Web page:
In a story published on the Desi Hits! Web site on Friday, Pussycat Dolls lead singer Nicole Scherzinger admitted that she initially "kind of didn't want to" re-record an English-language version of A.R. Rahman's "Slumdog Millionaire" hit, "Jai Ho."

"I was really scared and I kind of didn't want to do it," she told the site. "I heard the song and fell in love with it ... and I was scared to death to touch it. I was afraid for people to hear it before I even wrote it." But she said her producers and label exec gave her the courage to see the project through. "Every night I would pray" for it to turn out right," she said. "If people like it, then I'm really grateful."

Last month, when MTV News spoke with Scherzinger at the kickoff to Britney Spears' Circus tour, she detailed the long and fairly complicated process of making "Jai Ho," while not being quite so outspoken about her anxiety.

"The people at the label, Jimmy Iovine and Ron Fair, asked me to see the movie and listen to this new producer, A.R. Rahman, so I studied him, and I saw the movie and was captivated and thought it was the most genius thing ever," Scherzinger explained. "And they said, 'Well, that's good, because you're going to have to rewrite it and do your own version of it.'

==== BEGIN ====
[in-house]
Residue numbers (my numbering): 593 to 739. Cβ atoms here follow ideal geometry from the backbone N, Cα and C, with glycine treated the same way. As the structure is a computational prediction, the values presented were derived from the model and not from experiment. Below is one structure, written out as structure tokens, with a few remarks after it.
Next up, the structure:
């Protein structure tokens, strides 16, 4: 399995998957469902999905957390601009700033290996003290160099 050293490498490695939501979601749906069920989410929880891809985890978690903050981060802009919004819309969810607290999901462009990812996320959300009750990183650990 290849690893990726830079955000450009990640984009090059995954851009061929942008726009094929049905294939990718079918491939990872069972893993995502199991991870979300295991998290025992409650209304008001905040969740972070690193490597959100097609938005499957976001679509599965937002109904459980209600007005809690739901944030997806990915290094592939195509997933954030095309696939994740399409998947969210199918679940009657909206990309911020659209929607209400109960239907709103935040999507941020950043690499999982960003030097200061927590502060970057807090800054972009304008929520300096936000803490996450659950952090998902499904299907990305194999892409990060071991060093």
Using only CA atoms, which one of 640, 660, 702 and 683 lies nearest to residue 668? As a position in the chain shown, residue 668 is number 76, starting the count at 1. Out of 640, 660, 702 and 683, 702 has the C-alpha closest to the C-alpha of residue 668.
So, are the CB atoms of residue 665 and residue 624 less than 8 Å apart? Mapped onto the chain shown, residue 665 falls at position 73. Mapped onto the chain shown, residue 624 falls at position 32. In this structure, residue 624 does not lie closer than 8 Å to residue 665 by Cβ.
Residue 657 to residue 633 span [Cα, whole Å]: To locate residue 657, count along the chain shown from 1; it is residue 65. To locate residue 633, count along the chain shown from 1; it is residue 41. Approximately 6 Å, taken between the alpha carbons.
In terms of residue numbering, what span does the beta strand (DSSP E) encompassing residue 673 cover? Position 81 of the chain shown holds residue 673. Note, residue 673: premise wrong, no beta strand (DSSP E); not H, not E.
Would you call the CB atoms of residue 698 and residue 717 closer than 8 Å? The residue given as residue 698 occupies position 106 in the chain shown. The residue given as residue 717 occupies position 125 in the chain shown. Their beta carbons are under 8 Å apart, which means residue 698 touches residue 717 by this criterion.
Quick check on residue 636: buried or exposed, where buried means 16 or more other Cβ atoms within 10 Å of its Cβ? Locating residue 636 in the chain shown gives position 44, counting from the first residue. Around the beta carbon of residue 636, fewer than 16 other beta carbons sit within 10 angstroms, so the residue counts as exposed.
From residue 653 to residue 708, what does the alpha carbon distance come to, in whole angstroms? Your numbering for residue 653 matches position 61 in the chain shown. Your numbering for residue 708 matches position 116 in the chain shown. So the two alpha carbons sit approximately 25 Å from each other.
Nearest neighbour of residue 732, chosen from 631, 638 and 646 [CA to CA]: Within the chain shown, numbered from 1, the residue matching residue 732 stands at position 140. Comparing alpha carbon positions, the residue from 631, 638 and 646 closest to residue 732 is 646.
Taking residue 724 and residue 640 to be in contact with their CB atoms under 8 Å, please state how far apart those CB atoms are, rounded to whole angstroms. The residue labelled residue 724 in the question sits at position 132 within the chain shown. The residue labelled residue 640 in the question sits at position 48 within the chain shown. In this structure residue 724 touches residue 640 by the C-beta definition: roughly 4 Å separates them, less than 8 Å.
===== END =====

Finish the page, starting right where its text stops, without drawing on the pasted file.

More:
"So, we were on tour at the time — we were in London, and we all went to go see the movie — and while we were doing our shows, I just worked on the song," she continued. "It's an honor to be part of this project in any way, before all the Oscars happened, because the story is unbelievable."

So after finding out she would have to not only rewrite the song's Hindi lyrics, but do it while PCD were wrapping their Doll Domination tour, Scherzinger had no choice but to buckle down and work.

"It's crazy how the whole thing came about," she said. "It just happened so quickly. I'm a writer, and I've been fortunate enough to write for the Dolls, but when they asked me to look at the movie and do my own version, I was really afraid to take on the task of rewriting the lyrics," she said. "Because I thought the movie was so profound, I didn't know how to make sure I kept the integrity of the movie and the love story, but also make it cool enough for the Pussycat Dolls and for people all over the world to connect to.

"I just followed my heart and I came from a very spiritual place," she continued. "I just wanted people no matter where they are, whatever relationship they're in — be it spiritual or a guy/girl relationship — to be able to connect to the song. So it was kind of unbelievable to be able to do that. I hope people don't hate it!"